Severance apparently never believed that Banks had intended a serious assault on Port Hudson. “The whole expedition has been conducted well,” with “the enemy … [being] totally ignorant of our intentions one week before the blow was struck,” he described what he viewed as Banks’ sleight of hand.
“When I started for Port Hudson, something over five weeks ago today, I expected that we were going to do something there … but there was a possibility of failure and that possibility prevented the attack,” he wrote.
But Severance finally figured that “now it appears that it was never intended to attack the place, but only to call off their (Confederate) attention while the navy passed by” the cliff-mounted cannons at Port Hudson. He likely questioned the ineffectual infantry probes against the Port Hudson defenses;
“As a large part of the [Confederate] troops west of the Mississippi had been called to the defence of the Mississippi, that part of the Confederacy was rather unprotected,” Severance explained.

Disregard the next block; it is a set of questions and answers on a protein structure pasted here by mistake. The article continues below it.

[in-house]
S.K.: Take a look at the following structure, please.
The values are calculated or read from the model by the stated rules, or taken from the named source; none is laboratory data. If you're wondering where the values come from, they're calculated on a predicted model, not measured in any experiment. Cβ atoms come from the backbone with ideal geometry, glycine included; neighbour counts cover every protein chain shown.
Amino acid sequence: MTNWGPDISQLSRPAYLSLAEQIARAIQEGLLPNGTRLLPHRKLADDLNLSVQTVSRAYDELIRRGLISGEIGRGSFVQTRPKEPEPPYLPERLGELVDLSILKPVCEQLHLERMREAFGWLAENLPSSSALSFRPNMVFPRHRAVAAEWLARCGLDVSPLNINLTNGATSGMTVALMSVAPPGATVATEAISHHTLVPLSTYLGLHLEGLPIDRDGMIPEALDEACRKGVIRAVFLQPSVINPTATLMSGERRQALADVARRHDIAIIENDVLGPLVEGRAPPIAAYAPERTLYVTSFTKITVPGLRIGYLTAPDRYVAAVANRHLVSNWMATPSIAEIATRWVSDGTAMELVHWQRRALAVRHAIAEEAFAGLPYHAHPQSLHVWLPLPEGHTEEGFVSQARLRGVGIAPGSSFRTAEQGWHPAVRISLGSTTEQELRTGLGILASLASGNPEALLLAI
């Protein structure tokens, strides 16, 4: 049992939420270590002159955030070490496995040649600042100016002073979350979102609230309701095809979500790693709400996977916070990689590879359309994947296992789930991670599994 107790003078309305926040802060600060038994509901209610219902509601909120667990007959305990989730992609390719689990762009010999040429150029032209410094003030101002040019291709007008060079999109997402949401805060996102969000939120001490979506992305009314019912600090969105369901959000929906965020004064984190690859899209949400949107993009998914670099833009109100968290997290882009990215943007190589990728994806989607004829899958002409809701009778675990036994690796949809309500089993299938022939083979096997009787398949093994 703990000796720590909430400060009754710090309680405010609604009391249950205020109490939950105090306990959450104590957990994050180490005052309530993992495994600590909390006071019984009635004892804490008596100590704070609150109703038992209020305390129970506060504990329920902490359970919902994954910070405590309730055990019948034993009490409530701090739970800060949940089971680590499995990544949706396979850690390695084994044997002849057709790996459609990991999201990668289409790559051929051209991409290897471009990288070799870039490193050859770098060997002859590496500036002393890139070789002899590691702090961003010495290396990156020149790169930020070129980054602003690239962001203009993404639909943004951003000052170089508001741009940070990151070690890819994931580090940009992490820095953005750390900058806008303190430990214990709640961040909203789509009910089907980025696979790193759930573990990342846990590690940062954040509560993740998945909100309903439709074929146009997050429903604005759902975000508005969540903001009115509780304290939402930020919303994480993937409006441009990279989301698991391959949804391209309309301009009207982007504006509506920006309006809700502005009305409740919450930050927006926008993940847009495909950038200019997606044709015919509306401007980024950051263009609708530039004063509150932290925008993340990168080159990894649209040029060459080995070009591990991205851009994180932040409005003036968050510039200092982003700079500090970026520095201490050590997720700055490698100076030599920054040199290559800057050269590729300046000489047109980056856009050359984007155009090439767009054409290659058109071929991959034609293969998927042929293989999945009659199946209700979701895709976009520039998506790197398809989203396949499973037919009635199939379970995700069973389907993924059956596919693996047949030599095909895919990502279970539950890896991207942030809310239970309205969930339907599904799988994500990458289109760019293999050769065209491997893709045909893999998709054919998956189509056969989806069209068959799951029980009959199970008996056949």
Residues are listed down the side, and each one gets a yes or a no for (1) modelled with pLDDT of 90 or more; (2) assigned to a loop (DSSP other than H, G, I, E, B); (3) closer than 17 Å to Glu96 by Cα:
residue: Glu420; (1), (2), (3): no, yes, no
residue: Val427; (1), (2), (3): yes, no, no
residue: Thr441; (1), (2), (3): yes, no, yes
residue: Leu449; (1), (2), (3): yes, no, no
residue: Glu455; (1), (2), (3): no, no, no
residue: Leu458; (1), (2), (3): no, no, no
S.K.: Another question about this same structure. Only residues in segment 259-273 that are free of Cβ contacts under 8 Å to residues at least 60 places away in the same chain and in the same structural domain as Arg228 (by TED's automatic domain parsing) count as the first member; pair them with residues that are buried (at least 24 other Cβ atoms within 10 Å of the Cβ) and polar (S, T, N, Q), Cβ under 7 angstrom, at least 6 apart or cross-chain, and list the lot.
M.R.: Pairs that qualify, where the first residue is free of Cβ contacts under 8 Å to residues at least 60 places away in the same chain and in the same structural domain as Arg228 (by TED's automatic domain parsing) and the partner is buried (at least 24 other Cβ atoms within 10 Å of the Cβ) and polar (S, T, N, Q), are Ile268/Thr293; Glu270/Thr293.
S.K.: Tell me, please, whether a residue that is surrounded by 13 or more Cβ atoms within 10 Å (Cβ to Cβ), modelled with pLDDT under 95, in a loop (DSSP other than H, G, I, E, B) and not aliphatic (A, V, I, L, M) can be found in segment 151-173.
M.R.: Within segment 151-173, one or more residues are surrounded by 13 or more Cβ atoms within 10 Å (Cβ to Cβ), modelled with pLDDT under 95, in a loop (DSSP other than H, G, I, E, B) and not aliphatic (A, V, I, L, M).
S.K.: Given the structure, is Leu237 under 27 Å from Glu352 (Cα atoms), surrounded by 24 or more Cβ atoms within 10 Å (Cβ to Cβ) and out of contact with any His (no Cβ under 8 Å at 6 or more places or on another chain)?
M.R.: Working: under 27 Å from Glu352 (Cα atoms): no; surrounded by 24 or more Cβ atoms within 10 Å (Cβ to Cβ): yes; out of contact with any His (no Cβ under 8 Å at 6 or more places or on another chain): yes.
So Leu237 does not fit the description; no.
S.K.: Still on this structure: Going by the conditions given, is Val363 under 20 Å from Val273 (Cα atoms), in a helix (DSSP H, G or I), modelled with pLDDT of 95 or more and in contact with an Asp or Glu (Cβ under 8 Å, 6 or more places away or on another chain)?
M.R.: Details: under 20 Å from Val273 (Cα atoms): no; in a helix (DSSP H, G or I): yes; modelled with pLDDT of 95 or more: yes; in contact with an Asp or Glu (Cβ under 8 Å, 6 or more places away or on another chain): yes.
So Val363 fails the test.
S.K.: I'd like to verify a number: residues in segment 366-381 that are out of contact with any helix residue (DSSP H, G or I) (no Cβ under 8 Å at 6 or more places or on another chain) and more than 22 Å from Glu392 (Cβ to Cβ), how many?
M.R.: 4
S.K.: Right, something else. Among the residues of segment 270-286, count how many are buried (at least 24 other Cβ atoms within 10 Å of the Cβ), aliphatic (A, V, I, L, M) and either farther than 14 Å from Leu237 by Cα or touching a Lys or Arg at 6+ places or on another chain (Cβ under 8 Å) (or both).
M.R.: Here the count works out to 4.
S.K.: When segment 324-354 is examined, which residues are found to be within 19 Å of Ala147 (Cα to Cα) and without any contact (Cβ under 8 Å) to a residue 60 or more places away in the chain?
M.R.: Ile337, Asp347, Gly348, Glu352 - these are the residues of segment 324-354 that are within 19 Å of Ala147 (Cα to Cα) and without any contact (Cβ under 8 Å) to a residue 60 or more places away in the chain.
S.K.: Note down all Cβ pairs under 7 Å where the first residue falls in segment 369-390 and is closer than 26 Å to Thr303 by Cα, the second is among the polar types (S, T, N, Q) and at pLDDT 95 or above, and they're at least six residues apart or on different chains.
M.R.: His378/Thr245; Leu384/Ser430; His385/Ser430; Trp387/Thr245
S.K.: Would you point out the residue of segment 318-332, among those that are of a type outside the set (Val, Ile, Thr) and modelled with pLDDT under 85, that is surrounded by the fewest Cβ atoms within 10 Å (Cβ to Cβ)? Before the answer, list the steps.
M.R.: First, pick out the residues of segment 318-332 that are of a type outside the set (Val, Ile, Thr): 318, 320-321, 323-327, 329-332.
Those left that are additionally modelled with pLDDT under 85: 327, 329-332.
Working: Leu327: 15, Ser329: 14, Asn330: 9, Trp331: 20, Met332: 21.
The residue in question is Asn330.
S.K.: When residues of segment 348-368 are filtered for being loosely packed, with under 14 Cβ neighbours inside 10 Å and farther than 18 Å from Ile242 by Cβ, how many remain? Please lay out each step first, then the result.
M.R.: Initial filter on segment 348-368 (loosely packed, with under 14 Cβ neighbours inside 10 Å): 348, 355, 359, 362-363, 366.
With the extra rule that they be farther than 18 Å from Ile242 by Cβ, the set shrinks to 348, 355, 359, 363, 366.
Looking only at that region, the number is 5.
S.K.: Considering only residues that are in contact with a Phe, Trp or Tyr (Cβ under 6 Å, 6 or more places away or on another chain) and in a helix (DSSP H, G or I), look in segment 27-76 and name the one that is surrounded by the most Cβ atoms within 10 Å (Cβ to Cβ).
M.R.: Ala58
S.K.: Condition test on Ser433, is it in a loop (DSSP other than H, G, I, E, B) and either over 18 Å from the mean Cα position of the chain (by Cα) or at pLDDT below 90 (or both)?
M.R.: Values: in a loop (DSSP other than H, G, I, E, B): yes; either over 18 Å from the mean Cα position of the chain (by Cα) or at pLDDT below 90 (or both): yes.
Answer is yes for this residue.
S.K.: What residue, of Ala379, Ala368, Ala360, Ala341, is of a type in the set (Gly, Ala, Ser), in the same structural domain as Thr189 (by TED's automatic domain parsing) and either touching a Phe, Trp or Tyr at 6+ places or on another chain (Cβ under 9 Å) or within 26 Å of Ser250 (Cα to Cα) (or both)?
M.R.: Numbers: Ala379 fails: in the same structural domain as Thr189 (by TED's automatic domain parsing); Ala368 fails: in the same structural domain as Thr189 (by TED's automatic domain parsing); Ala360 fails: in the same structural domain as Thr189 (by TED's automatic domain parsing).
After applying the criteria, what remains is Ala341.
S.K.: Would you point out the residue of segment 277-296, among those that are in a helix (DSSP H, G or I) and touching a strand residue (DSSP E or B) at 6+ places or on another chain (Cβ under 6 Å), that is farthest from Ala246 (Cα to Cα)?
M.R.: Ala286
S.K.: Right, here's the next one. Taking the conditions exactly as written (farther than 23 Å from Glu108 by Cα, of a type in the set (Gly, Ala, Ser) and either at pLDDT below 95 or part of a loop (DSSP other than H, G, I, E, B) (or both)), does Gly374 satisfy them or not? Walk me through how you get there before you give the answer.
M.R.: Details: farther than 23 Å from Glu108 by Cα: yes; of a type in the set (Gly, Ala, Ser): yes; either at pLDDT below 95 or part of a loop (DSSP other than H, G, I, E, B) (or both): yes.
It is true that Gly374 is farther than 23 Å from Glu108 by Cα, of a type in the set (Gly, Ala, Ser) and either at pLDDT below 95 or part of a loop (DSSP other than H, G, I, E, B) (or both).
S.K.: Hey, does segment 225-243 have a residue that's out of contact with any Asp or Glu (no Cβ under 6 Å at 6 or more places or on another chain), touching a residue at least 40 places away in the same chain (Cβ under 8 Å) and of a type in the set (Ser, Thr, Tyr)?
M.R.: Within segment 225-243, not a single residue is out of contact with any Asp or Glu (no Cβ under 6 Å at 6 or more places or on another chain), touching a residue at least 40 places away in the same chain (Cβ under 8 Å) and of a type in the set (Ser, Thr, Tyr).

After the Navy’s failure to sail an entire squadron pass Port Hudson, “we went back to Baton Rouge,” he continued his travelogue.
“What the next move was to be no one seemed to know,” he pondered.
Suddenly “regiments and sometimes brigades would disappear in the night, and when it came our turn to go we started one night at six o’clock and found ourselves next morning at Donaldsonville,” on the west bank of the Mississippi “about fifty miles below (downriver from) Baton Rouge,” Sgt. Lagrange Severance wrote from Opelousas.
Here the 12th Maine caught up with “the truant brigades” and the division commanded by Brig. Gen. Cuvier Grover. Then “three days’ long march brought us to Thibedauville (Thibodaux), about forty miles from the Mississippi, on Bayou LaFouche,” Severance reported.
Cuvier’s men entrained on the New Orleans & Opelousas (sic) Railroad for an 18-mile journey “to Bayou Roueff, where we remained two or three days,” he described the journey.
Turning west into southern Louisiana, Banks sought to trap Taylor’s army with a two-pronged attack. Boarding steamboats at Brashear City (now called Morgan City) on Thursday, April 9, two Union divisions crossed Berwick Bay and landed at Berwick. From there Banks slowly advanced on Franklin while Cuvier’s division sailed up the Atchafalaya River to land beyond Franklin.